The Animal and Plant Health Agency’s (APHA) central laboratory and headquarters based near Weybridge, Surrey is celebrating its 100th anniversary today, 25 September.
The Weybridge site is an internationally recognised veterinary research and laboratory testing facility. It has a remit to protect the nation from a wide range of diseases, which can affect both livestock and in some instances, human health.
It is a fascinating place where advances in veterinary and scientific research have been achieved that have had an impact on a global level. Most recently it tested several thousand samples for avian influenza following the outbreak of the H5N8 HPAI virus in farmed and wild birds found in the UK and across Europe in winter 2016/17. It was at the heart of the UK and EU science response, providing scientific evidence and advice to government in controlling the outbreak.
It is the International Reference Laboratory for avian influenza as well as for a wide range of other infectious and non-infectious diseases of farmed animals. Other work includes international trade testing, including demonstrating freedom from notifiable disease in horses, supporting that multi-billion pound industry.
Research on bovine TB is developing innovative tests and epidemiology to make our operational delivery work more effective. And there is important work on bacterial threats such as antimicrobial resistance, Salmonella and E-coli to protect public health.
The Central Veterinary Laboratory (CVL) has been based at the same site since 1917, when it was known as the Addlestone Institute. Upon its opening, a reporter from the Veterinary Record described the new facilities as ‘the finest building of the kind in the world’. It was run under the directorship of Chief Veterinary Officer Sir Stewart Stockman, and was staffed by six veterinary officers and nine support staff.
At this time, Stockman took a personal interest in contagious abortion, redwater of cattle, scrapie, louping ill, swine fever and foot and mouth disease (FMD). The laboratory’s diagnostic expertise was also required to deal with the reintroduction of rabies into Britain in 1918.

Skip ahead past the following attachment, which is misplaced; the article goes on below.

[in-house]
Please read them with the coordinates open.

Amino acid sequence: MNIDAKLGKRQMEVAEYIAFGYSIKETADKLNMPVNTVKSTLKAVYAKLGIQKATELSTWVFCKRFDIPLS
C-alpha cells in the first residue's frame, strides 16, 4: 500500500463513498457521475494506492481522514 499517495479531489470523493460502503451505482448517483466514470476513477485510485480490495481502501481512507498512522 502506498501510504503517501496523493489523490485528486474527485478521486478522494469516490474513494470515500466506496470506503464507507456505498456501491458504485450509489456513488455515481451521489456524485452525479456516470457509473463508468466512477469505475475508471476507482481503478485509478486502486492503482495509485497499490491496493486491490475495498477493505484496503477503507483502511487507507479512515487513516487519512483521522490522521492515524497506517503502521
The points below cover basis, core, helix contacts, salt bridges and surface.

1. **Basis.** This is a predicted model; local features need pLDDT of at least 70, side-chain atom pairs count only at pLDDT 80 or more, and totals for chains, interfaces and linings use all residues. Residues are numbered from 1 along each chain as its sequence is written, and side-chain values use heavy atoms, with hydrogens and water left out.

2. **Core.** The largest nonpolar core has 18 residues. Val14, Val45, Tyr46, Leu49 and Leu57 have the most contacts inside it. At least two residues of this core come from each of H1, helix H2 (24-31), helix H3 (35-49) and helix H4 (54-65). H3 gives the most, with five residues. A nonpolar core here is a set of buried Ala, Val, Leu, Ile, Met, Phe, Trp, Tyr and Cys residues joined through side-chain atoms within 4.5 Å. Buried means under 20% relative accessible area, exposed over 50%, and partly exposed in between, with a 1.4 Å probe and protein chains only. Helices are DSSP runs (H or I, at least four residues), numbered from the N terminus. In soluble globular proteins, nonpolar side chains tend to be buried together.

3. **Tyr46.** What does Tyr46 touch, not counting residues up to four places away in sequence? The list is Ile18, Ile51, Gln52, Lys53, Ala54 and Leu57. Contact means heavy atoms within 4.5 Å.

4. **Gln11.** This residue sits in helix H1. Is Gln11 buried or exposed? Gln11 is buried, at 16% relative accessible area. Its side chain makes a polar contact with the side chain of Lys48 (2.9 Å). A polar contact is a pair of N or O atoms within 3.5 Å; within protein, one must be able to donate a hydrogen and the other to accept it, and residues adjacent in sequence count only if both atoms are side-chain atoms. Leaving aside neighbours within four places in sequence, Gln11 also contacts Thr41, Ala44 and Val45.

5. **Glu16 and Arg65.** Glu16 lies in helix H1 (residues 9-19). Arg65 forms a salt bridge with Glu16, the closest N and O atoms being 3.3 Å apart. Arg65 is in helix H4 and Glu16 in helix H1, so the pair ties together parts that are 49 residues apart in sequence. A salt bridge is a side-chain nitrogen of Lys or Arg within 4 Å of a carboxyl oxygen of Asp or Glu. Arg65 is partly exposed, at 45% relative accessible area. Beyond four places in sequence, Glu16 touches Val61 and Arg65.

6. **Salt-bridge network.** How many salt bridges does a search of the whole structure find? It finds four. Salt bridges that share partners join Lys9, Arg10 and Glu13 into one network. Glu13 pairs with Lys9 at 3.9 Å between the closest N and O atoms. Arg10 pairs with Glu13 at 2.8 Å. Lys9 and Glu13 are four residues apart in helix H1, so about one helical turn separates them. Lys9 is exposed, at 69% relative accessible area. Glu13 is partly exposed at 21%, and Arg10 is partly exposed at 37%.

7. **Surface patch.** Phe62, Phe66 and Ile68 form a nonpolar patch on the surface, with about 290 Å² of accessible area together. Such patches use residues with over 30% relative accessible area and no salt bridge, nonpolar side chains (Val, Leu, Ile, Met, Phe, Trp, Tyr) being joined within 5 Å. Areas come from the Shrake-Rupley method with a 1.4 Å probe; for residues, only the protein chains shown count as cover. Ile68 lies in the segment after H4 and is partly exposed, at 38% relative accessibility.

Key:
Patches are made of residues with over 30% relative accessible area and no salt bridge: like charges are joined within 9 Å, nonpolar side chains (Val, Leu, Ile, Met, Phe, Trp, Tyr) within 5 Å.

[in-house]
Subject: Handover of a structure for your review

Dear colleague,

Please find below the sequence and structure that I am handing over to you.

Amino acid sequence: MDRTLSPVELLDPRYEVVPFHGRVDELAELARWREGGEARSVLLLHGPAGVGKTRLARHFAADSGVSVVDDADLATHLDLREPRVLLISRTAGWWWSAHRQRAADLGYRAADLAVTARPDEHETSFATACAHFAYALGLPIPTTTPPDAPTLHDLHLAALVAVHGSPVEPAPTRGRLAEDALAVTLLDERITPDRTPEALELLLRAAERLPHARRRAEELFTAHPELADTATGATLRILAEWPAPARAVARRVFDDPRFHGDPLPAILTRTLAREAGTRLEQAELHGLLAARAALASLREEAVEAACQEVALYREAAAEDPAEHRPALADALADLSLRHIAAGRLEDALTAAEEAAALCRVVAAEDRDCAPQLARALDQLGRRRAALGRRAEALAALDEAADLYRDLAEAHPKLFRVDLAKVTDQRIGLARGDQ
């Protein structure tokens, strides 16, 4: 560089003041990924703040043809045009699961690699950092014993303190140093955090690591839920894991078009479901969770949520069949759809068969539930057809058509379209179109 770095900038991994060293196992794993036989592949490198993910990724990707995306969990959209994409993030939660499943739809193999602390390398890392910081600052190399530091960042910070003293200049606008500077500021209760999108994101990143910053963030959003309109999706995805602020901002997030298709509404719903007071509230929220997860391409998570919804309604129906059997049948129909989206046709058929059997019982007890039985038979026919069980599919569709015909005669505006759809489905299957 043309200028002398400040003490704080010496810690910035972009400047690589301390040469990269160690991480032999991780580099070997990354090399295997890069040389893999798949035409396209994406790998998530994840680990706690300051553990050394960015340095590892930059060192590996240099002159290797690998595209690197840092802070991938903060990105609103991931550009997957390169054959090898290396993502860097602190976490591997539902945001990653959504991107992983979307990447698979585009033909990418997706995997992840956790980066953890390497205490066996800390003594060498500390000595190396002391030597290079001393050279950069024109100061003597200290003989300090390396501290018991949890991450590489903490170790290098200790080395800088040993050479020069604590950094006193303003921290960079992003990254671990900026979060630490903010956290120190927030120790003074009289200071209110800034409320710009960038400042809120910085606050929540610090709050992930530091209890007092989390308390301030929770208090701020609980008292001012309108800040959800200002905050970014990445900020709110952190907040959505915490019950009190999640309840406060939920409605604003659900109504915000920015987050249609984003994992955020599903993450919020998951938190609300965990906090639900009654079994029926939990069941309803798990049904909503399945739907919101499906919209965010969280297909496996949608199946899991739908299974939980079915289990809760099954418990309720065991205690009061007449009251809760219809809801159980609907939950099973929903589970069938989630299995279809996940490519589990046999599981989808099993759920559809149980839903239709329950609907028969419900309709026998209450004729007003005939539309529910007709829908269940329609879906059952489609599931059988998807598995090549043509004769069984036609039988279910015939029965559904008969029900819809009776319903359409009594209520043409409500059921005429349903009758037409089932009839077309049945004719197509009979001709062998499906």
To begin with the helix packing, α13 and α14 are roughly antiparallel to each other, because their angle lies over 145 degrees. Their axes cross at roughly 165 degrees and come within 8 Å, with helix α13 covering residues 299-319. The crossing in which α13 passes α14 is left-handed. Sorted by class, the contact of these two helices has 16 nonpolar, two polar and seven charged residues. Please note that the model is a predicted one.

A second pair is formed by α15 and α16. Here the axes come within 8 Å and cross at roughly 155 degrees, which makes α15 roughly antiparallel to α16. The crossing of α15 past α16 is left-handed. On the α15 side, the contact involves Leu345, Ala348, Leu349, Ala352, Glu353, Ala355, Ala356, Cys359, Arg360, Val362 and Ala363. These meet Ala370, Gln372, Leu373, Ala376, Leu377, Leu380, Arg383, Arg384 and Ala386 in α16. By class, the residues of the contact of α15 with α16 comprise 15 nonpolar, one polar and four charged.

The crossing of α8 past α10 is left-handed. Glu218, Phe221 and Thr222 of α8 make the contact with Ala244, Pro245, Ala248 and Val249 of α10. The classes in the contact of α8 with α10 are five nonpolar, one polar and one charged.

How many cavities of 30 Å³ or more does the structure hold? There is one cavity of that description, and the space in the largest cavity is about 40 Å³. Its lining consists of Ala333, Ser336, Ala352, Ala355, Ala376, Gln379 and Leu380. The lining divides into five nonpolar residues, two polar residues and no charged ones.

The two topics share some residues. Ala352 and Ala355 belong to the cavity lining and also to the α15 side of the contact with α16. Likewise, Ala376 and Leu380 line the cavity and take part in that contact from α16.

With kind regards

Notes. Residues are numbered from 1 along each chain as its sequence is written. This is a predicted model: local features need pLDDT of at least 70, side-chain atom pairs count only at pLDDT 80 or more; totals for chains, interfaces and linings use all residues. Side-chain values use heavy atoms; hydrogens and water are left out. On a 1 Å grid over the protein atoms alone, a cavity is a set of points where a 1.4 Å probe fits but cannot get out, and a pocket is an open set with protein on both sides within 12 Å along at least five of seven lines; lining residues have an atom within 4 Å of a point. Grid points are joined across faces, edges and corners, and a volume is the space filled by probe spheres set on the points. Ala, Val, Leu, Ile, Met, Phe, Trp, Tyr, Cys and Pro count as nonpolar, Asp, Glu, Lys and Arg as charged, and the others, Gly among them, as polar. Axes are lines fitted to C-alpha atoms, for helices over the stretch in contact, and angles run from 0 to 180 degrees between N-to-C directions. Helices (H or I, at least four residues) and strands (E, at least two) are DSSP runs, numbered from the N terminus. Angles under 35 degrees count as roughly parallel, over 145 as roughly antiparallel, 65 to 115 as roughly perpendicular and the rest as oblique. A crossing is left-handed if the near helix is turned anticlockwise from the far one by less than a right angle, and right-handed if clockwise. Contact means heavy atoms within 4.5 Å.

In the 1930s, TM Doyle, based at the laboratory, discovered a new disease in poultry which he named ‘Newcastle Disease’, after it having been detected on a farm in Newcastle upon Tyne.
During the Second World War the number of staff almost doubled and women were employed at the site for the first time. The laboratory played an important role in protecting the national food supply in helping to prevent diseases that could impact on animal production. In 1939 it also began an urgent programme for the mass production of anthrax vaccine and antiserum so the country would be able to respond to the threat of a biological warfare emergency.
More recent past achievements include eradicating swine fever in the 60s, characterising the first case of BSE in the 80s (and then in 2004 confirming the first case in the USA) and developing the first licensed vaccine for TB in badgers in 2009.
The importance of vets
But the science couldn’t deliver all of this without vets on the ground. Whilst far fewer veterinarians are based at the Weybridge site now, APHA continues to employ vets that work in field operations roles and vets that work in regional laboratories, known as Veterinary Investigation Centres. It also relies heavily on practicing veterinary surgeons who are at the frontline of disease surveillance and are likely to be the first to observe clinical signs of disease.
APHA is keen to nurture this relationship with private veterinarians and encourage collaborative working so that APHA is able to build an accurate national picture of disease.
There has been an excellent track record between APHA and veterinary practices in detecting new diseases. These include PDNS, BSE, contagious ovine digital dermatitis, type 2 BVD virus in cattle and the re-emergence of Salmonella Gallinarum in poultry and goose parvovirus (Derszy’s) disease in geese.
So whether government vet or private vet that utilises APHA’s laboratory services, the work you do to combat diseases is inextricably linked to the research in the lab.
Despite the passing of 100 years, APHA’s scientific aims remain much the same - that is to protect Great Britain against the threat and impact of a wide variety of animal diseases and other species risks, many of which affect humans. The more modern emphasis is however on threat identification & mitigation – protection and prevention being better than cure.
To find out more about APHA’s surveillance and diagnostic services and how you can access them take a look at our Vet Gateway. If you are a practicing veterinarian you can also call your local Veterinary Investigation Centre or partner post mortem examination provider.